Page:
Broadmead Village will undergo a year-long facelift starting this September after Saanich council gave its thumbs-up to the renovation plan.
Broadmead storefronts will be modernized with fresh signage and new facades, while sidewalks will be widened in a renewed emphasis on pedestrian access. Key to the facelift is redeveloping the existing pedestrian breezeway with more outdoor seating to create a community gathering place. At the centre would be a gas outdoor fireplace.
“It’s important to create a sense of space by increasing the plaza in the breezeway and removing cars from that area,” Sheldon Chandler, Chandler and Associates Architecture, told Saanich council last week. “A central element is the fireplace. It will be a very welcome piece in an environment that cools off at night.”
“The fireplace provides a gathering place to draw the community in,” added Alison Miles Cork, the senior asset manager for Grosvenor Americas, the owner of Broadmead Village. “It’s such an important element to get people to linger and visit with each other.”
The $6-million project will also increase the size of retail space for the Pharmasave, infill a gap next to the Mark’s Work Wearhouse, and add two kiosks, for a total of 200 square metres more floor space added to the 12,500 square metre shopping centre.
Vacancy rates at Broadmead remain low, about 4.4 per cent according to Miles Cork, and negotiations are underway to expand existing retailers and add new retailers. But at 20 years old, the centre is becoming dated.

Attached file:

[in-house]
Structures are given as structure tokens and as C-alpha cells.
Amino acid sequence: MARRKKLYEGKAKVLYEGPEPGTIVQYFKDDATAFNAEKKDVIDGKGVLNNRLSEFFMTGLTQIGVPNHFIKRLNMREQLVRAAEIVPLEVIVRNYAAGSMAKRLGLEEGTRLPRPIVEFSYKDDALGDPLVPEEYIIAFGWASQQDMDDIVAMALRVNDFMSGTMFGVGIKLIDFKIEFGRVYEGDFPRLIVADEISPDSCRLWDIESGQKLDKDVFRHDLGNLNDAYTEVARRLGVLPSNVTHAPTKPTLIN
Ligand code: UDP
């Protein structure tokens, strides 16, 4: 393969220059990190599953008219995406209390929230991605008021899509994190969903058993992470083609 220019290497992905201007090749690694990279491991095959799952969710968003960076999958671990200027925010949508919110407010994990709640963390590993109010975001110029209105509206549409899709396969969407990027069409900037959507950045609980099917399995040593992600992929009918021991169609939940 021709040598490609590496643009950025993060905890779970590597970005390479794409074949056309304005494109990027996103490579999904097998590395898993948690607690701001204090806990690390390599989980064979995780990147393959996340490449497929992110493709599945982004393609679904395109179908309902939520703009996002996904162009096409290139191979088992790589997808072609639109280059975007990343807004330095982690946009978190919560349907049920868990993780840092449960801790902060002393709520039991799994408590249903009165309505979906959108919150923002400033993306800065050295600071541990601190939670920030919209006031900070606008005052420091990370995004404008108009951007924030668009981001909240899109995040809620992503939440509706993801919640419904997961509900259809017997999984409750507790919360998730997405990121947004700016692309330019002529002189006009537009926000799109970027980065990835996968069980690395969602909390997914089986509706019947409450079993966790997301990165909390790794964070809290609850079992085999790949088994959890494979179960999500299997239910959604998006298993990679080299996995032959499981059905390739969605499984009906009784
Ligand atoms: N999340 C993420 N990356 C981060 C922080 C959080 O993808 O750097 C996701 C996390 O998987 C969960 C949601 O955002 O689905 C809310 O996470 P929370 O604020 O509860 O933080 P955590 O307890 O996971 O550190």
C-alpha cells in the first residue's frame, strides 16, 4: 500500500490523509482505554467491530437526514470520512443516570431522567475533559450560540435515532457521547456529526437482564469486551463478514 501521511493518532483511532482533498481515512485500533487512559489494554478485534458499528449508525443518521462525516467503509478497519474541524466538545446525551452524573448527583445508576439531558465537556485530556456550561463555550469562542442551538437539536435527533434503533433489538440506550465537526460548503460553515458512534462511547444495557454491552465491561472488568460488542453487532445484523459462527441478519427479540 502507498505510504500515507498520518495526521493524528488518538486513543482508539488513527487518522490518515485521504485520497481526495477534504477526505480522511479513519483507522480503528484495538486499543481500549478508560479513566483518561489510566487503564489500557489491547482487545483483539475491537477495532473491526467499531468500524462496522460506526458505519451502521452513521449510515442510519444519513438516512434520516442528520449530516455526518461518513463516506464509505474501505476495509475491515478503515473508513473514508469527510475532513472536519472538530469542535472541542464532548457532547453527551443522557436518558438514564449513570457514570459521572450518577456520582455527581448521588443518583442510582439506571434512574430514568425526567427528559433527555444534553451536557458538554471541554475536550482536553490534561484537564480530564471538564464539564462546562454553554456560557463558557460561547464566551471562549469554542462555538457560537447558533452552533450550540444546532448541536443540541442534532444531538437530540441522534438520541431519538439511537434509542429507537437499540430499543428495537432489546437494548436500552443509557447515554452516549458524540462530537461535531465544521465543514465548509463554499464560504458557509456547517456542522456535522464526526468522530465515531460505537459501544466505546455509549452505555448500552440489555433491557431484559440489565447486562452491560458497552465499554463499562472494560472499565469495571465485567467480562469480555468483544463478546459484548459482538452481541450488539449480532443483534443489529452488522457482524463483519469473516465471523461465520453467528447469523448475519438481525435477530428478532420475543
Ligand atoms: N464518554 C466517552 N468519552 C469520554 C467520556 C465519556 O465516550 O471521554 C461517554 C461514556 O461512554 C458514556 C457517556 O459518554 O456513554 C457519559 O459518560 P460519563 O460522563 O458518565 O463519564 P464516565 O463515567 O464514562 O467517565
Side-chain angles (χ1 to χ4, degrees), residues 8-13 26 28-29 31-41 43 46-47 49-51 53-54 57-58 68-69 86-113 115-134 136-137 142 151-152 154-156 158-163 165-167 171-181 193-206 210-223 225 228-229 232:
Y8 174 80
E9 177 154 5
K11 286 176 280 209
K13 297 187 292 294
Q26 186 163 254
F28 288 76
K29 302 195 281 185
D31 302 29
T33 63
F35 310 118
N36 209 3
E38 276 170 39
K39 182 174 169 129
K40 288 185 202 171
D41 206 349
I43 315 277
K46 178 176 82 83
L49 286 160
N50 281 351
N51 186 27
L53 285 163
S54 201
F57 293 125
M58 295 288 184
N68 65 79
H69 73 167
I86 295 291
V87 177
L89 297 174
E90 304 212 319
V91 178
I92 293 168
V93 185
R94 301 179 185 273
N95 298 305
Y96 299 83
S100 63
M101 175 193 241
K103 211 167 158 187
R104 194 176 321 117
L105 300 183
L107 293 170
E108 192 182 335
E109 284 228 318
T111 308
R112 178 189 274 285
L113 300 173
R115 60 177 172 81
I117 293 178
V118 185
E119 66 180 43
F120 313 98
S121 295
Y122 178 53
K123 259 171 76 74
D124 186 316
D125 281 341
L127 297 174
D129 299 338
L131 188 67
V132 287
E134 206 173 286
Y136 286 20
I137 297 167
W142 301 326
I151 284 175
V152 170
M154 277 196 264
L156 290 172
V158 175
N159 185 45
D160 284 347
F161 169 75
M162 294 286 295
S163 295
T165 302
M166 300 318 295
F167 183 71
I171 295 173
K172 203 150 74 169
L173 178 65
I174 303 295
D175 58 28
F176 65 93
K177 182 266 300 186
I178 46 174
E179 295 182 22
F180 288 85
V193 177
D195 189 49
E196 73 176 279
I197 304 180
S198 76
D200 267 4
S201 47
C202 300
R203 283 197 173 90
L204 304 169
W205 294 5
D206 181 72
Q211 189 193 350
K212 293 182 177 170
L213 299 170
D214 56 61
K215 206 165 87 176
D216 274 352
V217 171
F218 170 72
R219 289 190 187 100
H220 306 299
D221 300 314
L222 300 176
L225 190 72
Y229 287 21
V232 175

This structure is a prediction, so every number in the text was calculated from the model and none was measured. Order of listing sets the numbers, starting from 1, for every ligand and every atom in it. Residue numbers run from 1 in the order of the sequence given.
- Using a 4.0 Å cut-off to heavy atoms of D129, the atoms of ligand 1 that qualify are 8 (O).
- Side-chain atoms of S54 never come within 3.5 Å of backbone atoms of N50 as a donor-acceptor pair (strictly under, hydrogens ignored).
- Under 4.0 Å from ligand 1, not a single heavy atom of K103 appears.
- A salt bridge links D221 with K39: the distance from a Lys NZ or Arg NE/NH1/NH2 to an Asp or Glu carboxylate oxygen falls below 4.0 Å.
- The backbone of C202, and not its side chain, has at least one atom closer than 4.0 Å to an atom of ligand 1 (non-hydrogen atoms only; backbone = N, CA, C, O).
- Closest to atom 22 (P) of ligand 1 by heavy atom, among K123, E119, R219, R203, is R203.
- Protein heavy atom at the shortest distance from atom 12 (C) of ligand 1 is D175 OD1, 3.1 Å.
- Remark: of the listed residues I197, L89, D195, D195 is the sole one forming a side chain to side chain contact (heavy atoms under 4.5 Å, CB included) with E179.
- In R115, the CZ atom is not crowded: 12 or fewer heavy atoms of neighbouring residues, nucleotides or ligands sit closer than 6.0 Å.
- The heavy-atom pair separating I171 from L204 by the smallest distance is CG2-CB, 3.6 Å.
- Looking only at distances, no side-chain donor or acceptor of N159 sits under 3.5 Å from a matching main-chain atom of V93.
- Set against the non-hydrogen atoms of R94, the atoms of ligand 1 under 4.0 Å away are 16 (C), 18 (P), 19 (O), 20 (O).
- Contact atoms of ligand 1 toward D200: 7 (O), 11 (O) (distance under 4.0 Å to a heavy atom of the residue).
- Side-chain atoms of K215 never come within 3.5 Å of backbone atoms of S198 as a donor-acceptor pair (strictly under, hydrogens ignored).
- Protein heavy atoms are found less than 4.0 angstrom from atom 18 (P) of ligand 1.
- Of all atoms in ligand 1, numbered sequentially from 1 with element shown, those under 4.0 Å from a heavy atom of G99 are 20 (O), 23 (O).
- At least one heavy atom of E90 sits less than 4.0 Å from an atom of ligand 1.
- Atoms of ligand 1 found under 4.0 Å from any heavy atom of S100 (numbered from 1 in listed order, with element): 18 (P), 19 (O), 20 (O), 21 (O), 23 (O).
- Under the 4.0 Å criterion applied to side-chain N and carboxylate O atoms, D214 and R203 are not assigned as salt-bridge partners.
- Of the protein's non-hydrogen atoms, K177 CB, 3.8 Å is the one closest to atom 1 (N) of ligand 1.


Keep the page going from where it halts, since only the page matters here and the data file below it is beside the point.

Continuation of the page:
“The age of the centre is impacting retail sales as it is driving less traffic,” Miles Cork said in an email. ”As well, we are seeing less interest from quality retailers that the community wants to see at the centre.”
“In a competitive environment you have got to change to be successful. The old look is not well received,” said Coun. Vic Derman. “In the end, you’ll bring more interest and activity to the place, it’s a benefit to the (shopping centre), to the community and to Saanich as a whole.”
Saanich council unanimously approved of a number of variances for Broadmead’s development permit, but not before offering compliments sandwiched with criticisms.
Coun. Paul Gerrard complemented the overall redesign, but said he was disappointed the internal four-way stop near the Royal Oak Drive entry isn’t being reconfigured.
“It’s a good mall and a welcoming mall, but I don’t like the four way stop,” he told Miles Cork. “You need to think about that. It’s brutal getting in and out of there and turning to Canadian Tire.”
Councillors also pressed Miles Cork to improve pedestrian access from Royal Oak Drive – many people enter the property through a path down a grassy bank on the west side of the property. Not initially part of the plan, Miles Cork said based on council comments, they’ll give pedestrian access a second look.
“We will be paying attention to the pedestrian trodden path that is there today and creating a safer and more inviting entrance to the centre,” she said.
Mayor Frank Leonard recalled when council sent the developer back to the drawing board 20 years ago due to the original strip-mall design.
“I moved for rejection because it looked like what you’d find on the (Interstate 5). They came back with a more unique design,” he said.
The mayor lauded the Broadmead Residents Association for hosting public meetings and encouraging Broadmead to keep a design in step with the community. “They met with the property owner and inspired them to keep the distinct look, so it doesn’t look like every other mall.”
“We have to be careful not to make the mall look like everywhere else,” agreed Coun. Vicki Sanders. “The development must reflect Broadmead.”